In LA, we lived one neighborhood over from a place seasonally dubbed “Candy Cane Lane.” Come December, it’s a Christmas wonderland. Cars line up for miles to drive through. I couldn’t imagine buying a house there say in July with no clue, then December 1’st you open your front door to find yourself in Whoville.

Any other time of year, it looked like any other Valley neighborhood with ranch homes, two-story Spanish redos, and garage conversions… which is what always got me: Without garages (or basements for that matter- LA doesn’t do basements) where did they store all the Christmas stuff? There were thirty-foot Santa’s, autonomatronic elf shops, working trains, and lots of smoke and mirrors. And the amazing thing was that these people did the work mostly themselves. Granted, many of them either worked in the entertainment industry, or knew people who did, so getting all the smoke and mirrors was not that difficult.

Now that we are out here in the Atlanta suburbs, it looks beautiful this time of year. There are classy white bulbs following impossible-to-reach roof peaks, giant snowflakes lit up in giant maple trees, and icicle-lights dripping down many a house. But this stuff is done by professional lighting companies, not homeowners.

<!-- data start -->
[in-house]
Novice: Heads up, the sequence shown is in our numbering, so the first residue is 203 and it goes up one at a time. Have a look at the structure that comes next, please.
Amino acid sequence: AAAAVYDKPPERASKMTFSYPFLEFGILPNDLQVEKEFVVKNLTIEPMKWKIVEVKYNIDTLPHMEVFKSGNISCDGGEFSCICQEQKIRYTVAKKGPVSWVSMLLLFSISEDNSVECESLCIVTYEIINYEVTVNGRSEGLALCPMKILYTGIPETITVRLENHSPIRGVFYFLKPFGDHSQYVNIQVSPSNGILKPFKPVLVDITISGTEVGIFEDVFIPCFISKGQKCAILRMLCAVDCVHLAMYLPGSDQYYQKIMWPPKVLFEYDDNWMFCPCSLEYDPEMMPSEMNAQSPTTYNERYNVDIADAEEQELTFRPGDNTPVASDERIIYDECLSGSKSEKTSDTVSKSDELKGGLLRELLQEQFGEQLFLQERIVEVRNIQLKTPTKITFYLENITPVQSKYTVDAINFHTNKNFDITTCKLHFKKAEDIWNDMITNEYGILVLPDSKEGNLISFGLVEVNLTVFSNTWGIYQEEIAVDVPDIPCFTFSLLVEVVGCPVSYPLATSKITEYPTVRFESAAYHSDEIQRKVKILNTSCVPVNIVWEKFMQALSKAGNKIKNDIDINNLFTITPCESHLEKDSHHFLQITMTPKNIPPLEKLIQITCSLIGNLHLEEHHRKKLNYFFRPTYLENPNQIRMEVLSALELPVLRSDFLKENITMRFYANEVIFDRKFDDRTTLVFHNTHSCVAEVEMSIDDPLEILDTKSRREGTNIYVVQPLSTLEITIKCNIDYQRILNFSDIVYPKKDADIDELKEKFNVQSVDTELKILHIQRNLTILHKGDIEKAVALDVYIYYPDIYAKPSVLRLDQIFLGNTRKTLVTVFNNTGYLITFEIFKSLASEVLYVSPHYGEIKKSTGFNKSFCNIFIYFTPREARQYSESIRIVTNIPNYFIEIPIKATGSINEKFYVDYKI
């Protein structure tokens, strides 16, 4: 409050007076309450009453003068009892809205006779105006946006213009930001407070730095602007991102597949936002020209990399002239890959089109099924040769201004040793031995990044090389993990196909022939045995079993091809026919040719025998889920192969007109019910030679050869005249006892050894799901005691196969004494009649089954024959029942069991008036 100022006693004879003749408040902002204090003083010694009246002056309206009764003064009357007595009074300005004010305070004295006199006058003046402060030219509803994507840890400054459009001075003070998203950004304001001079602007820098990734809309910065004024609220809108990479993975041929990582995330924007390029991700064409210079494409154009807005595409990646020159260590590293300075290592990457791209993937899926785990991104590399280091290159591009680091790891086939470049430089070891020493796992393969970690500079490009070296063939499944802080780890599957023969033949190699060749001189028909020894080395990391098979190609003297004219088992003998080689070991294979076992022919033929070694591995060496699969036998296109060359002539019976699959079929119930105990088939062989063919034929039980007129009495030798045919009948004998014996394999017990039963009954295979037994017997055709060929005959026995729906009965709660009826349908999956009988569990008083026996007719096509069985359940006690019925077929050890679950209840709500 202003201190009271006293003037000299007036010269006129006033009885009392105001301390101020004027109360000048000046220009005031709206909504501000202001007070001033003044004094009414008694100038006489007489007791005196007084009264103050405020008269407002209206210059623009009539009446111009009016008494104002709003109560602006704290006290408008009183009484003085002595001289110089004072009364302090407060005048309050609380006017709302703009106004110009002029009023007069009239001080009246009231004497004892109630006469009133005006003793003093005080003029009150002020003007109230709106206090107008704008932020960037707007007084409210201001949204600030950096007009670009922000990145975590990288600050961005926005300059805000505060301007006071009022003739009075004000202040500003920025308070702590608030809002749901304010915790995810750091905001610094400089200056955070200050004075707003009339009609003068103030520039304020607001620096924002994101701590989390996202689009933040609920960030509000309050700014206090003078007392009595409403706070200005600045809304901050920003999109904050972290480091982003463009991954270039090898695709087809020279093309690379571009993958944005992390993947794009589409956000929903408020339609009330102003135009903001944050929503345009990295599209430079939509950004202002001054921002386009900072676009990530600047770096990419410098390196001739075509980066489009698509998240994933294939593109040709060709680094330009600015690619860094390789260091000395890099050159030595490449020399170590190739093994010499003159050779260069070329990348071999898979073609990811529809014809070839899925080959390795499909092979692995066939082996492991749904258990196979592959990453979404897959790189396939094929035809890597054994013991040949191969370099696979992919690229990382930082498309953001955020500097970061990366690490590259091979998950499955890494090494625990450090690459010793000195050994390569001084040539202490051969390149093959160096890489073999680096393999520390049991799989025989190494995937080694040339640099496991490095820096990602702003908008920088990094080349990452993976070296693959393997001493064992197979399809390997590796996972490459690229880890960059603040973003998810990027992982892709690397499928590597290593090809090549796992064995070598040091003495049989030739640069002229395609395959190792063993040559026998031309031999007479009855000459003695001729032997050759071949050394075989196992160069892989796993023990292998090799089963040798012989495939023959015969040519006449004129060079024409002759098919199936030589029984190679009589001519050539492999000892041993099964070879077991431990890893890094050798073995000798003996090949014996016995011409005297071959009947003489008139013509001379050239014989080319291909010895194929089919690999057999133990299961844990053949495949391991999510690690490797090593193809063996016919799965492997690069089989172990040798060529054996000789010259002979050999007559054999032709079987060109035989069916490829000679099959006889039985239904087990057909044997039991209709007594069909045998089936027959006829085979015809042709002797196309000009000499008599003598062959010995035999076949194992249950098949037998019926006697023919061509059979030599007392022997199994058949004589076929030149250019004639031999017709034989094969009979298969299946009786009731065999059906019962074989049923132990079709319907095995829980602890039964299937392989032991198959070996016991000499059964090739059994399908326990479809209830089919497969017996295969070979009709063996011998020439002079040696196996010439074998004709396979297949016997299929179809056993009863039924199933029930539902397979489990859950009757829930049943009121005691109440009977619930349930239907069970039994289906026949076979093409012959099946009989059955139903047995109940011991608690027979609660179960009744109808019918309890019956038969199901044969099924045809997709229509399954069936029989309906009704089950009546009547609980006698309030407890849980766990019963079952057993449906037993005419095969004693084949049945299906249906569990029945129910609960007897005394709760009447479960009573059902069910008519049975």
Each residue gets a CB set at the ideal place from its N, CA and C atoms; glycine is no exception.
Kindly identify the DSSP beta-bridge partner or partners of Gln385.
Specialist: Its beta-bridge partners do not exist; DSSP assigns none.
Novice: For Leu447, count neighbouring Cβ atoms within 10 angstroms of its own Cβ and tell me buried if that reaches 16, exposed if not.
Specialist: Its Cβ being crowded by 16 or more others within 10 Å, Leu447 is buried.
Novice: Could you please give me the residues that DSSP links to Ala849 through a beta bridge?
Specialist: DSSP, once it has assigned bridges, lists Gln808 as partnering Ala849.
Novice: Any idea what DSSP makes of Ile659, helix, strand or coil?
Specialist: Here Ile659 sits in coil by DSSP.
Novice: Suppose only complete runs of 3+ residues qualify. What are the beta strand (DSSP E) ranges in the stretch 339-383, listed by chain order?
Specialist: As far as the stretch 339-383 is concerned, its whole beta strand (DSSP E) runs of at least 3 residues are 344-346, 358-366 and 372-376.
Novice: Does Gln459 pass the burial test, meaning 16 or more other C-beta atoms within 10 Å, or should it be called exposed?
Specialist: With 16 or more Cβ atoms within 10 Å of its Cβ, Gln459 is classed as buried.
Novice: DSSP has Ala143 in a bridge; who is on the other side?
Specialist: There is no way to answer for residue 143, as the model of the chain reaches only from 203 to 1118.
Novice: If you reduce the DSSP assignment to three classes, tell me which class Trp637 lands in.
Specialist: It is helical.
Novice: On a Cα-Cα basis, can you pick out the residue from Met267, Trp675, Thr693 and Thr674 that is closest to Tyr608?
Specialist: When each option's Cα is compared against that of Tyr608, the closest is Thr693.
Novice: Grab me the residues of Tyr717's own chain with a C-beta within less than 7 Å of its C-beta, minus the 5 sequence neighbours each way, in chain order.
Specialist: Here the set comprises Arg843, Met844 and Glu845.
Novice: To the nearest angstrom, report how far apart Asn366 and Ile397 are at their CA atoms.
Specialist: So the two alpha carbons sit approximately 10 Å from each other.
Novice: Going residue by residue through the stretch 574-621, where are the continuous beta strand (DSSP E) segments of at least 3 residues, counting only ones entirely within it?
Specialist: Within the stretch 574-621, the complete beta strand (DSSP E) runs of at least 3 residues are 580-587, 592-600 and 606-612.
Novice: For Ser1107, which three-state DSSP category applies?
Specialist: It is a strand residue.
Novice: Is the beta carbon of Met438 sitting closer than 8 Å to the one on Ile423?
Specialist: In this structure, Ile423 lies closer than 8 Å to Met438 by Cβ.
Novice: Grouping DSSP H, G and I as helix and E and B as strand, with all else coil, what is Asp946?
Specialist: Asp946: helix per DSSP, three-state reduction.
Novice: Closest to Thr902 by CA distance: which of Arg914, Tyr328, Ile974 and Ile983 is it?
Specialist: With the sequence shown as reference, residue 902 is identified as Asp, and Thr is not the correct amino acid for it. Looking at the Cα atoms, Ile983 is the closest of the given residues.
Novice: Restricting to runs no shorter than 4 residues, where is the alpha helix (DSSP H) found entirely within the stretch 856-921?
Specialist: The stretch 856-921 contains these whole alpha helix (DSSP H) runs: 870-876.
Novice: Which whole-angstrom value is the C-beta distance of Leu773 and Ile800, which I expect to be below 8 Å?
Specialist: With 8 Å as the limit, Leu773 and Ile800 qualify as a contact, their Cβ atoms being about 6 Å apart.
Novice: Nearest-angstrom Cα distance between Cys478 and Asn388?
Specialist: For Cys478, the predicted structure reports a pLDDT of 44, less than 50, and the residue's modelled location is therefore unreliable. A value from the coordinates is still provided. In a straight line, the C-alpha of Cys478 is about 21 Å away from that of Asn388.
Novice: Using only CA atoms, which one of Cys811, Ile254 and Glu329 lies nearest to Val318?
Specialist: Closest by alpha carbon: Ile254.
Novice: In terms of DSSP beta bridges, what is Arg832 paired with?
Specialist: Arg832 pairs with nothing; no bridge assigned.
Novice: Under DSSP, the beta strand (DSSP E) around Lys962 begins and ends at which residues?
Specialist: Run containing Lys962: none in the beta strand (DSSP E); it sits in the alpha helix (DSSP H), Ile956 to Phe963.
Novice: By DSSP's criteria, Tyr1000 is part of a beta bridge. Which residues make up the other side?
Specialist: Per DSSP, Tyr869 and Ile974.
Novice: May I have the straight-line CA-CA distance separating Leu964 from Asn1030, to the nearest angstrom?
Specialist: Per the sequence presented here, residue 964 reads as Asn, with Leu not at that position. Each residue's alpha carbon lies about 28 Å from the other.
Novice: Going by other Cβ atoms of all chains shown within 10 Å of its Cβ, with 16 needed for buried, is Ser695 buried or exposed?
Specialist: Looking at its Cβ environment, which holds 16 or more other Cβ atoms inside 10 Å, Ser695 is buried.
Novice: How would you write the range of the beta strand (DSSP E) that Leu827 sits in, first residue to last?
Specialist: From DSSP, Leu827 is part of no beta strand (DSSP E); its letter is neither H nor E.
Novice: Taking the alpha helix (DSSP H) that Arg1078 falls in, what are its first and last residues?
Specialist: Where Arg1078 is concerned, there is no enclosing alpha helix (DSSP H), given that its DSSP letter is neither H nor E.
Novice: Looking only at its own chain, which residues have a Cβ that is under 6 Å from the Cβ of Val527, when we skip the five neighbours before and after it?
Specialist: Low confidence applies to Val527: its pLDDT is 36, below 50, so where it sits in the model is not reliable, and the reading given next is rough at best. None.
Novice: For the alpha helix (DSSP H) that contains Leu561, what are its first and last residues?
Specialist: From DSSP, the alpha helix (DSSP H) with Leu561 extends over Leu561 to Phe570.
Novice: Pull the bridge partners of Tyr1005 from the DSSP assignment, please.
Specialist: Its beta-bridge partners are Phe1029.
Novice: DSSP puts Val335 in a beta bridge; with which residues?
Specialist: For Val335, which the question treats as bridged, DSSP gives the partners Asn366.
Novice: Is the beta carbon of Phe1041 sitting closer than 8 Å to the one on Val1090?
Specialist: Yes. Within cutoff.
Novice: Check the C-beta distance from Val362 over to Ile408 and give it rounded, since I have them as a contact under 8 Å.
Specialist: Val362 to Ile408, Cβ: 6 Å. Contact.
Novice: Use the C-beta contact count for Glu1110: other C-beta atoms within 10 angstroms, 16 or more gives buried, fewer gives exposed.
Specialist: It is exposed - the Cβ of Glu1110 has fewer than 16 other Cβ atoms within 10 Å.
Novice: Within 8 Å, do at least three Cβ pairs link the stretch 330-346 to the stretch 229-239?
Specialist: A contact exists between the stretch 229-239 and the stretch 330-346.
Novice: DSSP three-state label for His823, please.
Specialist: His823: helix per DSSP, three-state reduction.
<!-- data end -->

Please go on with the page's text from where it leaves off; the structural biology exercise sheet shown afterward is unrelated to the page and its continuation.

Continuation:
Our first year here, Alex said she wanted lights out front, so I put a horizontal strand above our front porch. “Can’t you get them to follow the shape of the house?” she asked after not being too impressed with my first offering. “Well, yeah, if I had a thirty-foot ladder, a helmet, and some climbing gear,” I only half-joked while looking up at our high-peaked roof. So, I did what I thought was the next best thing and wrapped our front trees with lights as high as I could (fortunately they were still young and relatively short trees). A few hours later I proudly showed off my work. “Nice,” Alex said, but I got a whiff of patronization. “Hey, we can’t all afford a lighting crew,” I said.

We used to make fun of Candy Cane Lane. It was tacky, but I kind of miss that “do-it-yourself” spirit. In fact, after realizing I’d never be able to keep up with the Jones’ out here, I asked Alex if we could go the opposite direction and steal a page from the Candy Cane Lane playbook. There was a family there who was either really fed up, or possibly Jewish and didn’t celebrate the holiday, who simply put a Grinch in their front window and lit it up with a spotlight so it was the only thing you saw at that house, sitting amongst all the crazy colored lights and moving giant objects of a Candy Cane Lane Christmas.

We bought a Grinch and everything, but Alex said no, not going to happen. I’m keeping the Grinch just in case she changes her mind though. Better shop for a good spotlight too.